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Getting Turnt Up

Play on words turn it up

I am very fortunate to work in the athletic physical therapy setting in Bethesda, Maryland. The Washington, DC region is full of incredible, intellectual people that often have very impressive jobs and lifestyles. As such they are often “type A” personalities (probably why we get along) that take a vested interest in their bodies and the condition that brings them to me as patients. Being educated and knowledgeable about the source and cause of their pathology, as well as understanding what they can do about it is important to this population
This makes my job that much more fun, as I love to “talk shop” about pretty much anything in the clinical world. Furthermore, a well-informed patient is typically very compliant with his/her plan of care that consists of an appropriate home exercise program, and suggestions for positive changes in their day to day lifestyles, such as workplace setup, standing position, sitting position, sleeping position, etc.

Despite these positive attributes, people with these personality traits do come with their own set of challenges. As alluded to previously, “type A” individuals, often seen in Bethesda, MD and the greater Washington, DC area have achieved a great deal of professional success, thus are typically very hard workers. As such, they often struggle to manage the stress associated with their jobs which is even further compounded by any of the usual stressors dealt with in daily life.

The human body perceives stress collectively. This can be physical, mental, emotional, etc. which can result in an overly sympathetic, or “wound up” physical state. A highly sympathetic state of activity is fine unless it becomes a fixed state. Unfortunately this is often what happens with a chronologically stressed individual. These folks can seem very hyperactive or “on edge,” often have accelerated heart rates, hormonal imbalances and a long list of bad stuff. The body is essentially in overdrive and it is unable to turn things up further to adapt to a current injury.

In athletic physical therapy, learning to “turn off” the body is often the first step towards getting pain free and functioning at a high level. This results in an improved state of systemic (total body) balance, thus enabling the body to properly recover from the current pathology.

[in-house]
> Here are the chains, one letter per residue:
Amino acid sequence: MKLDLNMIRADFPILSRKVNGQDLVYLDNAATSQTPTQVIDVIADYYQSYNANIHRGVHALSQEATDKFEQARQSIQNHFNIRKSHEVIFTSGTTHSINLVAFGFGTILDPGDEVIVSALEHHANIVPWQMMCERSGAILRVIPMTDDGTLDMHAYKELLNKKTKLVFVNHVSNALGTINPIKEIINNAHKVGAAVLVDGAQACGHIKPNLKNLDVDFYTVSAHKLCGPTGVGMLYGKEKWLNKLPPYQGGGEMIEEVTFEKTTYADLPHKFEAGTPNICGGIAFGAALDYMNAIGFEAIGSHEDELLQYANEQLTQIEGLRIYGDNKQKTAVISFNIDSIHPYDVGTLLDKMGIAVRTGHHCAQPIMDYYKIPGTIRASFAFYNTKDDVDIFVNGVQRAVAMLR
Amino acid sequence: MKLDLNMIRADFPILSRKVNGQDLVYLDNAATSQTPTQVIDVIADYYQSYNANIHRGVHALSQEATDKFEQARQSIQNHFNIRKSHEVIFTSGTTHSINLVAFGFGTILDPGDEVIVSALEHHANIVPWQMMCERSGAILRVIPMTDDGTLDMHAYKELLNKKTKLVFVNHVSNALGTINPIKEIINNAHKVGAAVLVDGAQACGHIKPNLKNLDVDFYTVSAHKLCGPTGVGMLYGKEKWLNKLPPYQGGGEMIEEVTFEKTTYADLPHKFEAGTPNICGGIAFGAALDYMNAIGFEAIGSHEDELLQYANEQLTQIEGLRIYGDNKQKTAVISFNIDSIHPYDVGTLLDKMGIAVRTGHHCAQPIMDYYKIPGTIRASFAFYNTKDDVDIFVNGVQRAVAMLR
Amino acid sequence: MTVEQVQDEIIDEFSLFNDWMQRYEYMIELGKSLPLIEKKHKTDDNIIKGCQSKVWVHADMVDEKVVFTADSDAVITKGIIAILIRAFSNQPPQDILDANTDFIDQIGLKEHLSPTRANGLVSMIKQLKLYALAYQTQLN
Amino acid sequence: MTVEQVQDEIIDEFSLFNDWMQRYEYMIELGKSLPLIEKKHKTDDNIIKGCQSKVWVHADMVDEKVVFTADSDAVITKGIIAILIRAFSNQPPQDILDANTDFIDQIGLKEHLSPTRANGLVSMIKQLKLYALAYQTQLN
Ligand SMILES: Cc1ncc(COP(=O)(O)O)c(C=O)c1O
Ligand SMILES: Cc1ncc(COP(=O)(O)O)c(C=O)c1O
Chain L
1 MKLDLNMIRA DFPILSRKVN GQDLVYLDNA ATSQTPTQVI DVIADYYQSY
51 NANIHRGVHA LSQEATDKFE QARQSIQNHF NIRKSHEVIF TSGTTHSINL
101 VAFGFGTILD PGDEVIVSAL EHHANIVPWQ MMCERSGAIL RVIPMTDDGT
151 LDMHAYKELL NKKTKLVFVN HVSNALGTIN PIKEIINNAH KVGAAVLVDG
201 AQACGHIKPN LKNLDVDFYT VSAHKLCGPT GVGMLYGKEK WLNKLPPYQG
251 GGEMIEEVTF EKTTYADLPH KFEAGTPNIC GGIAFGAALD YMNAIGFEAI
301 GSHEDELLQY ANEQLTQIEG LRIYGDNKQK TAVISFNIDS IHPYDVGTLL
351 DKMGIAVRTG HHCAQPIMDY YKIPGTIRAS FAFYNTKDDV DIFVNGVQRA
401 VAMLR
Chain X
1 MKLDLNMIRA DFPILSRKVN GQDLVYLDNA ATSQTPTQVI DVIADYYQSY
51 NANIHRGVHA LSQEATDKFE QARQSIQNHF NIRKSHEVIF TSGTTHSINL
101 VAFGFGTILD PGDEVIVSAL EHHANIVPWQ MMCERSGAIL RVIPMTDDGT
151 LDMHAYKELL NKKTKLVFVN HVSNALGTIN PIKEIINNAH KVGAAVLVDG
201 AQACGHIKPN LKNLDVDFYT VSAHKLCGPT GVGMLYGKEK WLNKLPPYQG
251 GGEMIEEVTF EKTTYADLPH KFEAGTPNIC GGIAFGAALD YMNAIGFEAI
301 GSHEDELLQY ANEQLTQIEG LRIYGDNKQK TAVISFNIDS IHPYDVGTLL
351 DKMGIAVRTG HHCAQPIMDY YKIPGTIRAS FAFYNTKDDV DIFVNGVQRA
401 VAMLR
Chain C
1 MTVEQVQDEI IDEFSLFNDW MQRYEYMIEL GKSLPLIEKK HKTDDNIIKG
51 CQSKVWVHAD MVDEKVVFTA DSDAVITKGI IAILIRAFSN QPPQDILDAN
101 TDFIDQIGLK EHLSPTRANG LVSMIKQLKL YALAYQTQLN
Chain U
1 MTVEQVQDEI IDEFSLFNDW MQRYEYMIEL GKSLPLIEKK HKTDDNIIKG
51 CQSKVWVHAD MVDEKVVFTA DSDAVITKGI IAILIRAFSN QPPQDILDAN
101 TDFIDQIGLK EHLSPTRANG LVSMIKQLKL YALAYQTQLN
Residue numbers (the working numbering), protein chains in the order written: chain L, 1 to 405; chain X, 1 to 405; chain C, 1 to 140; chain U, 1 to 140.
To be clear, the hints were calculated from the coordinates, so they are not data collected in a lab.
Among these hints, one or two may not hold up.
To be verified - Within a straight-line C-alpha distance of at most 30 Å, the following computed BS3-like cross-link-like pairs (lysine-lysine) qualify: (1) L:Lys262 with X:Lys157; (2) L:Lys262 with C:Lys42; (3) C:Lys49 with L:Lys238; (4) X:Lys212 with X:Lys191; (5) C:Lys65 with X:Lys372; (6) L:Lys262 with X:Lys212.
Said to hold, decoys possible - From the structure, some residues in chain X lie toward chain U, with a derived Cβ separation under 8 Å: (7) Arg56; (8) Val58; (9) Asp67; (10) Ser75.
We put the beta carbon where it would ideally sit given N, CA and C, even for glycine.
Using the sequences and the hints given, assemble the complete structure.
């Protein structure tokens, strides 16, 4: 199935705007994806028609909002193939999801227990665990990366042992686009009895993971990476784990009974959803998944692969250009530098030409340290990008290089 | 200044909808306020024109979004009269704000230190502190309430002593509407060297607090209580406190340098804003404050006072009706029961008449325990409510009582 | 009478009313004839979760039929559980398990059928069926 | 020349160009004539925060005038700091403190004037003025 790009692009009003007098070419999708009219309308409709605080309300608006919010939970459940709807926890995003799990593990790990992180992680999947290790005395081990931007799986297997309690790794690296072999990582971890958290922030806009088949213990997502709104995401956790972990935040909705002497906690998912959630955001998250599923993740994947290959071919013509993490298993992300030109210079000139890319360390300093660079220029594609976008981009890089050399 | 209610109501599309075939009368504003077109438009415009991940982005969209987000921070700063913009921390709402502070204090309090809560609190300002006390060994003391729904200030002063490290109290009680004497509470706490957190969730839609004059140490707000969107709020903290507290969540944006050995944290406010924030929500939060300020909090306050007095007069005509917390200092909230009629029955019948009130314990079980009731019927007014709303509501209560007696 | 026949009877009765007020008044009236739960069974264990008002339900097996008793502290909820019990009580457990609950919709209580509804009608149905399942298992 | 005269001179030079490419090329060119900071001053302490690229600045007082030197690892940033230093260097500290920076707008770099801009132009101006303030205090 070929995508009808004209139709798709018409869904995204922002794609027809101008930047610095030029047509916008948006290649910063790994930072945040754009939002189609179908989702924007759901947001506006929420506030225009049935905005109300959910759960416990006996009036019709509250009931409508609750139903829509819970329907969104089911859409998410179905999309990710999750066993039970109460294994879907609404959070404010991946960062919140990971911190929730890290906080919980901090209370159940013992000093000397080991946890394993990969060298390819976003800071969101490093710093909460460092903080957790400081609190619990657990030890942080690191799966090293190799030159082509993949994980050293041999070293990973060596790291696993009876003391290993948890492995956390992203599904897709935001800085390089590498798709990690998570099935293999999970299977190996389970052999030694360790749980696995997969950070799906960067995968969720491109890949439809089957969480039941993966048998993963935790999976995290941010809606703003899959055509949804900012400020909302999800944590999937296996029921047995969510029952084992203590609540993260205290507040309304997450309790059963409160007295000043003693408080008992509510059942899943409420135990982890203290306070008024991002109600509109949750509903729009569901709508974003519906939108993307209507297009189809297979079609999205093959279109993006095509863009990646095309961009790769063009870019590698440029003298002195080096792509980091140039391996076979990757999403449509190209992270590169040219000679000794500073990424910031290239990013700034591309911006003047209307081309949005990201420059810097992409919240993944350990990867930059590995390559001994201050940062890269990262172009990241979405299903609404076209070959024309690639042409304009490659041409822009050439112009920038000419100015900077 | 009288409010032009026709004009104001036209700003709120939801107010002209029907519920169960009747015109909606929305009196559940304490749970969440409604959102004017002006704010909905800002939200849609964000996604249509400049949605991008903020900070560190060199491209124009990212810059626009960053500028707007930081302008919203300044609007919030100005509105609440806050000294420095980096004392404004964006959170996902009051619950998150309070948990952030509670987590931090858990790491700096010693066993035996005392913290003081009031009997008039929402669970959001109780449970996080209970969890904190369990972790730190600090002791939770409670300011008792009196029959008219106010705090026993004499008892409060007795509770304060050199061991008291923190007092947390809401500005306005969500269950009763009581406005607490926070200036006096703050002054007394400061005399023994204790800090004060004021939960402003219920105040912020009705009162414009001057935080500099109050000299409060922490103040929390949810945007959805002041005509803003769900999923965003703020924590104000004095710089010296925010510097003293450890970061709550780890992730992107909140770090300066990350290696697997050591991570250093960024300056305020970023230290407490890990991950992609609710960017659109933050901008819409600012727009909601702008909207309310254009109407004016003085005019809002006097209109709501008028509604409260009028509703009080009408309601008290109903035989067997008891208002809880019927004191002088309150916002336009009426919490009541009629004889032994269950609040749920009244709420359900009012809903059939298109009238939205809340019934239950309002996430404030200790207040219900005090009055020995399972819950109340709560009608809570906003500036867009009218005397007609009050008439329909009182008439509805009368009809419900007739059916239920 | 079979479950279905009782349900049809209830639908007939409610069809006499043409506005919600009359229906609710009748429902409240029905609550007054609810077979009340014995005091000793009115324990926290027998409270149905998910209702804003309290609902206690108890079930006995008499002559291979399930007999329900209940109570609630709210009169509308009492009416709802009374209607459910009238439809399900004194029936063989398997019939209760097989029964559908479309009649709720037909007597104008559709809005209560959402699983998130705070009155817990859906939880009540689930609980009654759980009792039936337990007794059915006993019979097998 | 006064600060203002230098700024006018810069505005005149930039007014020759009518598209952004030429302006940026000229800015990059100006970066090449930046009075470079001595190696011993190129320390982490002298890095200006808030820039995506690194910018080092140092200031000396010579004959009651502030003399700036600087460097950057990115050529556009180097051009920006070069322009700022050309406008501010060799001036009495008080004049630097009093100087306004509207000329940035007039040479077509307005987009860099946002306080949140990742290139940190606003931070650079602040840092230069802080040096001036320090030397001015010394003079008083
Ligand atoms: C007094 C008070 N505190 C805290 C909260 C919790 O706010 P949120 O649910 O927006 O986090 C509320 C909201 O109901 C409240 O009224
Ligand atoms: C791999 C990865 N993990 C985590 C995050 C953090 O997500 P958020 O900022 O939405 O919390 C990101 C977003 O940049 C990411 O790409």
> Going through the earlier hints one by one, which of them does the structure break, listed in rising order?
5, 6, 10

So how do you turn things off?

At Cohen HP the first thing I often teach my patients is how to breathe properly. This will stimulate the parasympathetic branch of the autonomic nervous system (the chill out and relax part of it) thus allowing the sympathetic branch (fight or flight) to calm down.

Once this is achieved it is often necessary to teach the entire body how to flex. Increased stress and sympathetic nervous system activity commonly results in extension of the body which makes us very rigid and incapable of moving properly. A great example of an activity to assist with this is the 90-90 hip lift, popularized by the Postural Restoration Institute (look them up for great videos on this exercise). In this activity you lie on your back with your hips and knees flexed at 90 degrees, a towel roll or ball placed between your knees and your feet flat on a wall. When in this position you simply breath in through your nose and exhale through your mouth as you perform a pelvic tilt so that your tailbone is raised slightly off the floor. Be sure to dig down with your heels rather then press your feet into the wall so that the back of your thighs are engaged, not your hip flexors. Hold this position while you take 4-5 deep breaths in through your nose and out through your mouth.

After a simple activity such as this is learned things are stepped up further to more closely replicate normal functioning of the human body.

Implementing activities to achieve more balance can also be implemented into your day to day life. These activities must be something that you enjoy and help you relax. Some examples include meditation, relaxing walks/hikes or simply spending time enjoying friends/family. Anything that allows you to decrease the stress of the “weekly grind” will help create balance within the body and enable everything to function with greater ease.

In other words, go get out there and enjoy life!

For more information regarding this topic or any others please feel free to reach out to me via the contact information provided on the website!

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